The body responds to stress by releasing the hormone cortisol, which fights inflammation in the short term. But in the long term, elevated levels of cortisol can actually cause inflammation. The hormone can also weaken the immune system, break down muscle protein, and reduce bone formation. Kunz says his firm’s products are primarily aimed at modulating cortisol.

The two main ingredients in the First Endurance product Optygen are extracts of an herb, Rhodiola rosea, and a mushroom called Cordyceps sinensis. Both grow in high-altitude Tibet where locals use them in tea; they are purported to aid in oxygen transfer and help clear lactic acid from muscles. According to the company, a South Dakota State University study showed Optygen reduced cortisol levels by 26%.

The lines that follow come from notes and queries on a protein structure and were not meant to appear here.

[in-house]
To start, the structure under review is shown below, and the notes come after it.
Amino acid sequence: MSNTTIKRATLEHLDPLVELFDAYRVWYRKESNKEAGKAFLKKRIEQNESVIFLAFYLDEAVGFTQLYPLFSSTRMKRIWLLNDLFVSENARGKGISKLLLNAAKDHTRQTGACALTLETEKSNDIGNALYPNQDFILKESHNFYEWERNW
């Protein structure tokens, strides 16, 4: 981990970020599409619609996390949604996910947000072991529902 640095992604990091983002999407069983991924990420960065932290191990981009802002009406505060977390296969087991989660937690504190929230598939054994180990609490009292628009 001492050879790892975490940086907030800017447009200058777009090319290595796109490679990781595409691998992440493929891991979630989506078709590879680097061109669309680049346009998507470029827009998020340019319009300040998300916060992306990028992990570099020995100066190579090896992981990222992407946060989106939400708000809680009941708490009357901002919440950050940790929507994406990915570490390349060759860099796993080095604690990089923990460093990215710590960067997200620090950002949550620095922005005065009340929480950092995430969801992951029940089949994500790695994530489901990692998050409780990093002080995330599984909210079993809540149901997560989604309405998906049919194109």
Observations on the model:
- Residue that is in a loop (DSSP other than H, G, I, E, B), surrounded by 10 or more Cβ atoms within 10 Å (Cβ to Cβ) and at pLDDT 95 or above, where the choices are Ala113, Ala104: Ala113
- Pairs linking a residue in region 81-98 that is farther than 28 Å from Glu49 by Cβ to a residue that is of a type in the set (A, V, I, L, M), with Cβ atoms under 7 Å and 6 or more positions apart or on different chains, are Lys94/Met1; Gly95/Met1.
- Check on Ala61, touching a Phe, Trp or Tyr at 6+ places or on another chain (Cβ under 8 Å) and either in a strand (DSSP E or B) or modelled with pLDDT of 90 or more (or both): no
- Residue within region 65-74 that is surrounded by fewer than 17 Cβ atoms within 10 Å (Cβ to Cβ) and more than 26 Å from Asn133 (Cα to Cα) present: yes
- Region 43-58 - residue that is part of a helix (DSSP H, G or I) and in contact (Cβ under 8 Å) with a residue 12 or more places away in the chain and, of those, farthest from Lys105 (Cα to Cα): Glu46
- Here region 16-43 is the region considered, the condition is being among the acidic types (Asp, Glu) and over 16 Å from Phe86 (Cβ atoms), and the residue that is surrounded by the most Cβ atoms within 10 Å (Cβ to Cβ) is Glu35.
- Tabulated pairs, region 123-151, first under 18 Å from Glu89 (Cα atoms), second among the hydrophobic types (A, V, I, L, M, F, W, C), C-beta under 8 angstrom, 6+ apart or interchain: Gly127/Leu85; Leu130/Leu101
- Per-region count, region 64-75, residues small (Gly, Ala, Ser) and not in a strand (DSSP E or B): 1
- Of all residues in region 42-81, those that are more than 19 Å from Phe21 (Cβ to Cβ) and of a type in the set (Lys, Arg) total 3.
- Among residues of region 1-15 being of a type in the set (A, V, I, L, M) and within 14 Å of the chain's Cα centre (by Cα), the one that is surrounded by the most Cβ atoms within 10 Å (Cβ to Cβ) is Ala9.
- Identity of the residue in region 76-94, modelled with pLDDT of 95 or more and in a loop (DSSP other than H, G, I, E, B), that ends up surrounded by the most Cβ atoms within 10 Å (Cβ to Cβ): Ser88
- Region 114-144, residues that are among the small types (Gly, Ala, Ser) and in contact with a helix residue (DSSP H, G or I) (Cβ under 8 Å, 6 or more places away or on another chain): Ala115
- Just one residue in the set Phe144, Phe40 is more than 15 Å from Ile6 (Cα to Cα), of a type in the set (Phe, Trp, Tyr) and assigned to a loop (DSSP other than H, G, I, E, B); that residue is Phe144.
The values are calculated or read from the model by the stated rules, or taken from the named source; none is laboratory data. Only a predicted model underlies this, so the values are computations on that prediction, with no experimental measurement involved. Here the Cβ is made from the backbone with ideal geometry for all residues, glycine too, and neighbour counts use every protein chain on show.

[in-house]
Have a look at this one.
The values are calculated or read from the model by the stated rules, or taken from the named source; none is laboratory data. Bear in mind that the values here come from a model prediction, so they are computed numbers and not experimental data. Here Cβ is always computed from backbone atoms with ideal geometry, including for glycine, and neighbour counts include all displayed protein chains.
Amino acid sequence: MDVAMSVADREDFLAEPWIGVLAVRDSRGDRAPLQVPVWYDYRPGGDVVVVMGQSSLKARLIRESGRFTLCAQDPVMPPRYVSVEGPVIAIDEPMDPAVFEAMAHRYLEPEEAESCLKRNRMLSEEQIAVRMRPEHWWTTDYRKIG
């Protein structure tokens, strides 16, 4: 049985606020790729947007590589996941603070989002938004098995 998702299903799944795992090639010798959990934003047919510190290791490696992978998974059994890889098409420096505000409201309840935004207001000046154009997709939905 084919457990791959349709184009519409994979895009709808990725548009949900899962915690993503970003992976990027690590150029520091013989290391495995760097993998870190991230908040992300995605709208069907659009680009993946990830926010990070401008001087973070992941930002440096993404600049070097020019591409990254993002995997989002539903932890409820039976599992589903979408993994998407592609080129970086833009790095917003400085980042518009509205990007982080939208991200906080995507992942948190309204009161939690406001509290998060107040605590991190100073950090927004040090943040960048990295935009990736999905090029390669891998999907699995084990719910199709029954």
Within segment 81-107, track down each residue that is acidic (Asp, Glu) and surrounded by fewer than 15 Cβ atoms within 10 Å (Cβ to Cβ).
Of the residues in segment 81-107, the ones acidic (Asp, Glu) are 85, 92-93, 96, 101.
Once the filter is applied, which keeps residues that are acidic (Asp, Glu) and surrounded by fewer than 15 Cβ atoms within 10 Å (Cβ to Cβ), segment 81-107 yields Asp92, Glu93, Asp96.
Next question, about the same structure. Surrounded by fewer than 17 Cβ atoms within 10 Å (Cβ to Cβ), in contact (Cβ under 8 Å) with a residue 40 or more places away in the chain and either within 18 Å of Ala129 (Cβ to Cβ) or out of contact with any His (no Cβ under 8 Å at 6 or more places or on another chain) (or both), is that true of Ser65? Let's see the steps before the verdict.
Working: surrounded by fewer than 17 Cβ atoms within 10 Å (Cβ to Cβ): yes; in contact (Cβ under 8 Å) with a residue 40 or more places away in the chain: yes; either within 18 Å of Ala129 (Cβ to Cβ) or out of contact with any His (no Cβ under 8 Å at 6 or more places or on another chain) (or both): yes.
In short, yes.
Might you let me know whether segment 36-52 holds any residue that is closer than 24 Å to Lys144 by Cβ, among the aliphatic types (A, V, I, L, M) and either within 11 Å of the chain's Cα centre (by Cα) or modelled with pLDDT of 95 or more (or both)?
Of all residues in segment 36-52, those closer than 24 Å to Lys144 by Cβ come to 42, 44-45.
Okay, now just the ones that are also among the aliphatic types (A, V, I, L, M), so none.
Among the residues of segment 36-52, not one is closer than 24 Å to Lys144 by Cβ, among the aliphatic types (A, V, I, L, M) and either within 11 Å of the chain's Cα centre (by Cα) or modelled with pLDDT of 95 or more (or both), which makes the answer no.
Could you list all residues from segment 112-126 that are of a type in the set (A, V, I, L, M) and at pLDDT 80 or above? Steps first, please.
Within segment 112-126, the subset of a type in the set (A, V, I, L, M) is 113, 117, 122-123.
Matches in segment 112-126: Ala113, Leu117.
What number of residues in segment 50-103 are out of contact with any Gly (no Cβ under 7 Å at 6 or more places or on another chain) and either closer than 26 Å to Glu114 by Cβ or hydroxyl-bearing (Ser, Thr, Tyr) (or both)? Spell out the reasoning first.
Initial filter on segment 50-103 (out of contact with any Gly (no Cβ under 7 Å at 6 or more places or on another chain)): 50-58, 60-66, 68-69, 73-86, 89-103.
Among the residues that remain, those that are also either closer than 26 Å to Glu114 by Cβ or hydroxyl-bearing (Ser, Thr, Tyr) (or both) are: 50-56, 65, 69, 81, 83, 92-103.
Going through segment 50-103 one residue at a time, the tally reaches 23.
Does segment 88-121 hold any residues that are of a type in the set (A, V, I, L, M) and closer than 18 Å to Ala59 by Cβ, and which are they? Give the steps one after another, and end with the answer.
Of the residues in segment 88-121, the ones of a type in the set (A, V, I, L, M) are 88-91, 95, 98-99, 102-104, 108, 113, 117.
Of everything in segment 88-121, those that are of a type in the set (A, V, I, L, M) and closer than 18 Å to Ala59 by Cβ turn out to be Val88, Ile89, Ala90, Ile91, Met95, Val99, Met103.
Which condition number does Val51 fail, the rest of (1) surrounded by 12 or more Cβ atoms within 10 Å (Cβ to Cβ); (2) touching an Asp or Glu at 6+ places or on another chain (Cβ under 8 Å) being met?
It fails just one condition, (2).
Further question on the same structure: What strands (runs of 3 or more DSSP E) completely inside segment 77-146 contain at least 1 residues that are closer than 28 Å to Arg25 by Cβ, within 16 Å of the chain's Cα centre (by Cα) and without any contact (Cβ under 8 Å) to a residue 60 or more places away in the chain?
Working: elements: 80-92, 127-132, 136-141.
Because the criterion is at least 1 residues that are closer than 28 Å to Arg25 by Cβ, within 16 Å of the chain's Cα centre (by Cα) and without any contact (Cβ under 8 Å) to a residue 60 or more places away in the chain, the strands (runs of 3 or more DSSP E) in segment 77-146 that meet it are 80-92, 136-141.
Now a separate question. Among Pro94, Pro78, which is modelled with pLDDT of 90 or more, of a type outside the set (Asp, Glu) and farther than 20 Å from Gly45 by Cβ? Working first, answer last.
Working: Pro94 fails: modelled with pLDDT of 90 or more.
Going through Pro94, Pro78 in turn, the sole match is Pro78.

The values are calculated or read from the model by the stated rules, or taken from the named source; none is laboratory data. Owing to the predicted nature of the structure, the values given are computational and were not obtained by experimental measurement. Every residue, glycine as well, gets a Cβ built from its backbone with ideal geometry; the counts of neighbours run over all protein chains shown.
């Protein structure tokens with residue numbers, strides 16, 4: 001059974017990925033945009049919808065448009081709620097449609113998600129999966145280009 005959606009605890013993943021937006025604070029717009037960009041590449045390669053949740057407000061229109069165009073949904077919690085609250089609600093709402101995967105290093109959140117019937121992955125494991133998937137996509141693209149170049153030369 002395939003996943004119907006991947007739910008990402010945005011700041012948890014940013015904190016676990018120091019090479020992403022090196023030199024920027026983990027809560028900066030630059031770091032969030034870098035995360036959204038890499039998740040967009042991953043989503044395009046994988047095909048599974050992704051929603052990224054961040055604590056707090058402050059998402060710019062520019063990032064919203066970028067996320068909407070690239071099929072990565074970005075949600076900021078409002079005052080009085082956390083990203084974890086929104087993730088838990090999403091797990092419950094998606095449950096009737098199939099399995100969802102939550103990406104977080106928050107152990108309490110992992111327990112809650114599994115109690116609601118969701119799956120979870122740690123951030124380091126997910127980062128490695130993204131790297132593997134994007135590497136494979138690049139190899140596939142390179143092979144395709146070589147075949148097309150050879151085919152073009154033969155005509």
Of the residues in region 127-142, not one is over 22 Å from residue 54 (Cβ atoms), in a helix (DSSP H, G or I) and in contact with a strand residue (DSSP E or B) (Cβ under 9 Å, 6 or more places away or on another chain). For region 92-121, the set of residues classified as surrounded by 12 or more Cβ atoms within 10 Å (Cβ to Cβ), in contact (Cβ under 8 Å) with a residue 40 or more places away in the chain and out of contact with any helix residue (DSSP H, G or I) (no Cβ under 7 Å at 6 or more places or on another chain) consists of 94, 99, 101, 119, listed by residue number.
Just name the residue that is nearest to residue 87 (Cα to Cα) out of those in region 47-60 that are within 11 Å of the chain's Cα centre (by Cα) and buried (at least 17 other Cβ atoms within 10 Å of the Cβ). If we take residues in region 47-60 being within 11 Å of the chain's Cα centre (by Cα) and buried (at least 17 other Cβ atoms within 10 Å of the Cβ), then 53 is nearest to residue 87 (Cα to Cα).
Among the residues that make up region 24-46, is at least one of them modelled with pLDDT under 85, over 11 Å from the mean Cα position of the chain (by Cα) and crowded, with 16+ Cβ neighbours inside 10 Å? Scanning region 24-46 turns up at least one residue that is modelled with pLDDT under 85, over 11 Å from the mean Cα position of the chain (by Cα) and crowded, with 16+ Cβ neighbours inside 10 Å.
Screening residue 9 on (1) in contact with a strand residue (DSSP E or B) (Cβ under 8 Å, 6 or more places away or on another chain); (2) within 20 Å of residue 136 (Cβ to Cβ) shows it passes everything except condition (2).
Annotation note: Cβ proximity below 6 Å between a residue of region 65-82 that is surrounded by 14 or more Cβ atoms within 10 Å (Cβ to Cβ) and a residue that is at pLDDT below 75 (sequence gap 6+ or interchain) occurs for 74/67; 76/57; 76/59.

Much of the research that the firm cites about the extracts themselves comes from studies of traditional herbal medicine published in Chinese and Russian journals. A search of PubMed also turned up two studies that suggest the two extracts improve aerobic and endurance exercise performance (High Alt. Med. Biol. 2014, DOI: 10.1089/ham.2013.1114; J. Strength Cond. Res. 2013, DOI: 10.1519/jsc.0b013e31825d9799).

Foods and beverages marketed to aid in recovery commonly contain a roughly 3-to-1 ratio of carbohydrates to protein to restore depleted glycogen and provide the raw material for muscle repair. One favorite is old-fashioned chocolate milk. A new entrant for muscle recovery is tart cherry juice, which studies suggest may lessen pain and weakness after endurance events by reducing inflammation and oxidative stress.